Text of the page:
The aurora is a natural light display in the sky, which most frequently occurs in regions near the Arctic Circle. Iceland is situated near the Arctic circle; this makes it a major destination for Northern Lights holidays. Read our guide for more facts & information…
Aurora Colours and Formations
(“Northern lights”, and “aurora borealis”, are the words referring to the aurora occurring in northern latitudes; while “southern lights”, and “aurora australis”, are the words referring to the aurora occurrence in southern latitudes.)
Auroras are formed during magnetic storms. The aurora lights can be different colours, such as orange, purple, red, and probably the most common, green. A green and purple combination may also form. A green aurora can be bright green, with a green lantern-like glow. Some light displays have an eerie, green glow that looks very enchanting.
Purple and green combinations are also spectacular. The purple might somewhat form a background or silhouette to the green streaks. These auroras could make you feel like you’re on the set of some alien sci-fi movie.
The aurora formations can be curtain-like. However, amid some of the horizontal lights, you might see some vertical columns of light. The vertical light columns could form in tornado-like swirls.
Spectacular Aurora Views
An aurora is a natural phenomenon that could be worth taking a picture or recording video of. People from all across the globe come to see the Northern Lights. Northern Lights watchers want a great experience. Factors like a comfy or luxurious viewing location, or a sky full of stars can enhance the experience.
The Northern Lights might occur in a star-dotted sky. A sky full of stars may add more aesthetics to the already magnificent light display in the sky.
Sighting an aurora near a body of water, like a lake or river, may also add to the experience. It could be a spectacular sight to see if the stunning colours reflect on the body of water, and lighten up the water’s surface.
If you’re lucky to be right on the spot of the aurora occurrence, then you might see it brighter and clearer.
Best Times to See the Northern Lights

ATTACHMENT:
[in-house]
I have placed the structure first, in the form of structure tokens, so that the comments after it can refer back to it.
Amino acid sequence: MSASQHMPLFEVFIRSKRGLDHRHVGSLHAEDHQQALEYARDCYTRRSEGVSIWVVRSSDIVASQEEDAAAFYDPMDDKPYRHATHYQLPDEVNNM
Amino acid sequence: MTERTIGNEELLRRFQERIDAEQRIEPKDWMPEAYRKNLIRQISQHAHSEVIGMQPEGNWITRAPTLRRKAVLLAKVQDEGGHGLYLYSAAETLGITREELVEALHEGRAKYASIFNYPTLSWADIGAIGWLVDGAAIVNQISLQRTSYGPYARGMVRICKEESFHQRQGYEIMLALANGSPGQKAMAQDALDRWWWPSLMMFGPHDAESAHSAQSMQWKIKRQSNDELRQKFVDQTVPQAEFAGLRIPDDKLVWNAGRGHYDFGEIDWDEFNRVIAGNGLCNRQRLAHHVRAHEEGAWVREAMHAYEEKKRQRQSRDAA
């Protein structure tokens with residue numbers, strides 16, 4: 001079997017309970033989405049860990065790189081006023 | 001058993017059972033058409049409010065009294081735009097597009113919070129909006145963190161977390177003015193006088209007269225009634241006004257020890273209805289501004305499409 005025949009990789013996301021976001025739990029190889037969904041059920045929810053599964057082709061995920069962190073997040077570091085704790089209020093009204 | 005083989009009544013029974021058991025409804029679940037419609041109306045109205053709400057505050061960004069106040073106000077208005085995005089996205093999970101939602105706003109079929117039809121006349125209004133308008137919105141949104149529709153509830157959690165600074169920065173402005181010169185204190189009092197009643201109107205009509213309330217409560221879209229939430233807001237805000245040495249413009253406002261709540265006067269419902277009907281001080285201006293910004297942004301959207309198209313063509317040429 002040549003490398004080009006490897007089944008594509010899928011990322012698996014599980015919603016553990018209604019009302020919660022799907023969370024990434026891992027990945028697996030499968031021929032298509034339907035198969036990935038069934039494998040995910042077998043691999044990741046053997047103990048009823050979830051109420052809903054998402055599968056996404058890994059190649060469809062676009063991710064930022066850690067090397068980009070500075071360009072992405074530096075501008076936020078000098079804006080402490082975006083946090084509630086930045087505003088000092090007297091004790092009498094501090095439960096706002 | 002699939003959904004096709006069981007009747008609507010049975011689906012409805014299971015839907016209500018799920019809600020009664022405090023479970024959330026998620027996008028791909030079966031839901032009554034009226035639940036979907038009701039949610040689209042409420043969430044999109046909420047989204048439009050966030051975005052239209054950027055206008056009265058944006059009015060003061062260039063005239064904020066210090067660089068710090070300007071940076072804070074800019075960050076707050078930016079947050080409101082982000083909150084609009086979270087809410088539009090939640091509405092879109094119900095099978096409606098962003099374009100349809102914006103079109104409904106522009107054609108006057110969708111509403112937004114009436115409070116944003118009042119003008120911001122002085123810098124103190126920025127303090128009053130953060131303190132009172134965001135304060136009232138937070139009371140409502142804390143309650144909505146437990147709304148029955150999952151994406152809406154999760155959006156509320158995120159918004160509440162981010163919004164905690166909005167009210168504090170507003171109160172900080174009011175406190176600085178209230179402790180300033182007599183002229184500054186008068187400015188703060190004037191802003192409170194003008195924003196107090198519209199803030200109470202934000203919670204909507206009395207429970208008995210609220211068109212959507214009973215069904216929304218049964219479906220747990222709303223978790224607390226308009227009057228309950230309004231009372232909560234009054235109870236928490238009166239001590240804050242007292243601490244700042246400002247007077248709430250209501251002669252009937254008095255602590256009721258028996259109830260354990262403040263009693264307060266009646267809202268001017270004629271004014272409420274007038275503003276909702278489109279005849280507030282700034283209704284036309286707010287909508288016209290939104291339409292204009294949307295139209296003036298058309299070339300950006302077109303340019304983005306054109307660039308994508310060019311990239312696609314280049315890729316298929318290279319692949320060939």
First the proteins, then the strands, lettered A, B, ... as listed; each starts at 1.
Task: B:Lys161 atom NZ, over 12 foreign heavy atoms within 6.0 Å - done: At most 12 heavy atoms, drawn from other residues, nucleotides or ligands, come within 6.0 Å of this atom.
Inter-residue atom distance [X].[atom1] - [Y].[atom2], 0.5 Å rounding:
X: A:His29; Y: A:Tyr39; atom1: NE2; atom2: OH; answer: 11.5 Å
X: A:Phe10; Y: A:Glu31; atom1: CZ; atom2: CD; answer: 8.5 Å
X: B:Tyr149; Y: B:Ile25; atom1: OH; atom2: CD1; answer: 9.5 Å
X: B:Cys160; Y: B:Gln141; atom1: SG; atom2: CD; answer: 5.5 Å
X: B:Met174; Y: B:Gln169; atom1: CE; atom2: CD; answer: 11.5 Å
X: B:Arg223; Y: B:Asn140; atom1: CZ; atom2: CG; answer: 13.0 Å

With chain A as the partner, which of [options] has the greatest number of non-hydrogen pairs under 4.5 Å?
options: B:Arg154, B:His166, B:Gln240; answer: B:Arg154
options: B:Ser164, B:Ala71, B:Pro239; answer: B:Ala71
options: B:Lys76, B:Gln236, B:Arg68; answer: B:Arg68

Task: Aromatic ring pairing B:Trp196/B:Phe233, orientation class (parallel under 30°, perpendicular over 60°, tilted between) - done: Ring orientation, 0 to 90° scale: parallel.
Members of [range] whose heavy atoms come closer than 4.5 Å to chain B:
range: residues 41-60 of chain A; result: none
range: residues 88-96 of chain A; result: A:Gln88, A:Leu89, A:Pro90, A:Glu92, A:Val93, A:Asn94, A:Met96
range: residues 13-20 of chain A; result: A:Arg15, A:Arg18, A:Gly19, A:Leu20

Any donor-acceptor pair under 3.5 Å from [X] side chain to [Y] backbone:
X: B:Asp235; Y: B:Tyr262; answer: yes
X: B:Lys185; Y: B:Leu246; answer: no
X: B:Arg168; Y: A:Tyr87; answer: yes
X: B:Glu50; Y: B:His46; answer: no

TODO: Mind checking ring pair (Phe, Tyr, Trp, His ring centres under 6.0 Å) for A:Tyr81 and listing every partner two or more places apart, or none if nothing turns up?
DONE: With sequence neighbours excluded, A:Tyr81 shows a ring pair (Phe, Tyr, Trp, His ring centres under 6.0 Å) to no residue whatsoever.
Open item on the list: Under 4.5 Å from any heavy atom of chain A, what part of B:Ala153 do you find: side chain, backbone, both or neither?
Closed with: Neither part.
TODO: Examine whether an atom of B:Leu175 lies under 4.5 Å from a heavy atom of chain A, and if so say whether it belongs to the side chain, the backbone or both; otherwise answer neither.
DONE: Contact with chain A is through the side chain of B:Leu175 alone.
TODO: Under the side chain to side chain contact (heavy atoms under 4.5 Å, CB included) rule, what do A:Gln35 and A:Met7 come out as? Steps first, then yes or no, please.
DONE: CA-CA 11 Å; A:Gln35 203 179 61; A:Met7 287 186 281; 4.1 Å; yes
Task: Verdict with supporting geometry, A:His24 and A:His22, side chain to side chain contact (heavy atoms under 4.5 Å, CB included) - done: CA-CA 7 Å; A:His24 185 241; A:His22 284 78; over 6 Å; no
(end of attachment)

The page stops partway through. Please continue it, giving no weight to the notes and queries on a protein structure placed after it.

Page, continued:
Though auroras occur during the day, it is easier to see it at night, as morning auroras appear faint. This is the opposite situation with a rainbow, which is seen clearer during the day, and dimmer at night (and yes, nighttime rainbows do happen).
They say winter is the best time to see auroras; because winter nights are darker, therefore, it can be seen clearer and brighter. However, it has been observed that auroras happen more frequently in spring. Northern Lights holiday goers may hope for dark, clear nights.
Northern Lights Searching
Tours may set out by jeep, or bus; from Reykjavik, into the rural areas, to get proper views of the Northern Lights. Currently, it is not possible to predict auroras; as the science to do so is limited; but many locals say in about 3-4 hours an aurora could be spotted.
Aurora searching tours rely significantly on weather conditions; so bad weather, which doesn’t facilitate proper aurora viewing, may cause a day’s journey to be canceled.
The Setting of the Northern Lights Holiday
Iceland’s landscape provides a great setting for a Northern Lights holiday. A destination for Northern Lights viewing could be the countryside. You might see the magnificent light displays over the flat, treeless open meadows, and plateaus and cliffs blanketed with snow. You could spot the northern lights over a snowy glacier landscape, or you might see the lights brighten up the sky over a dark and barren lava field.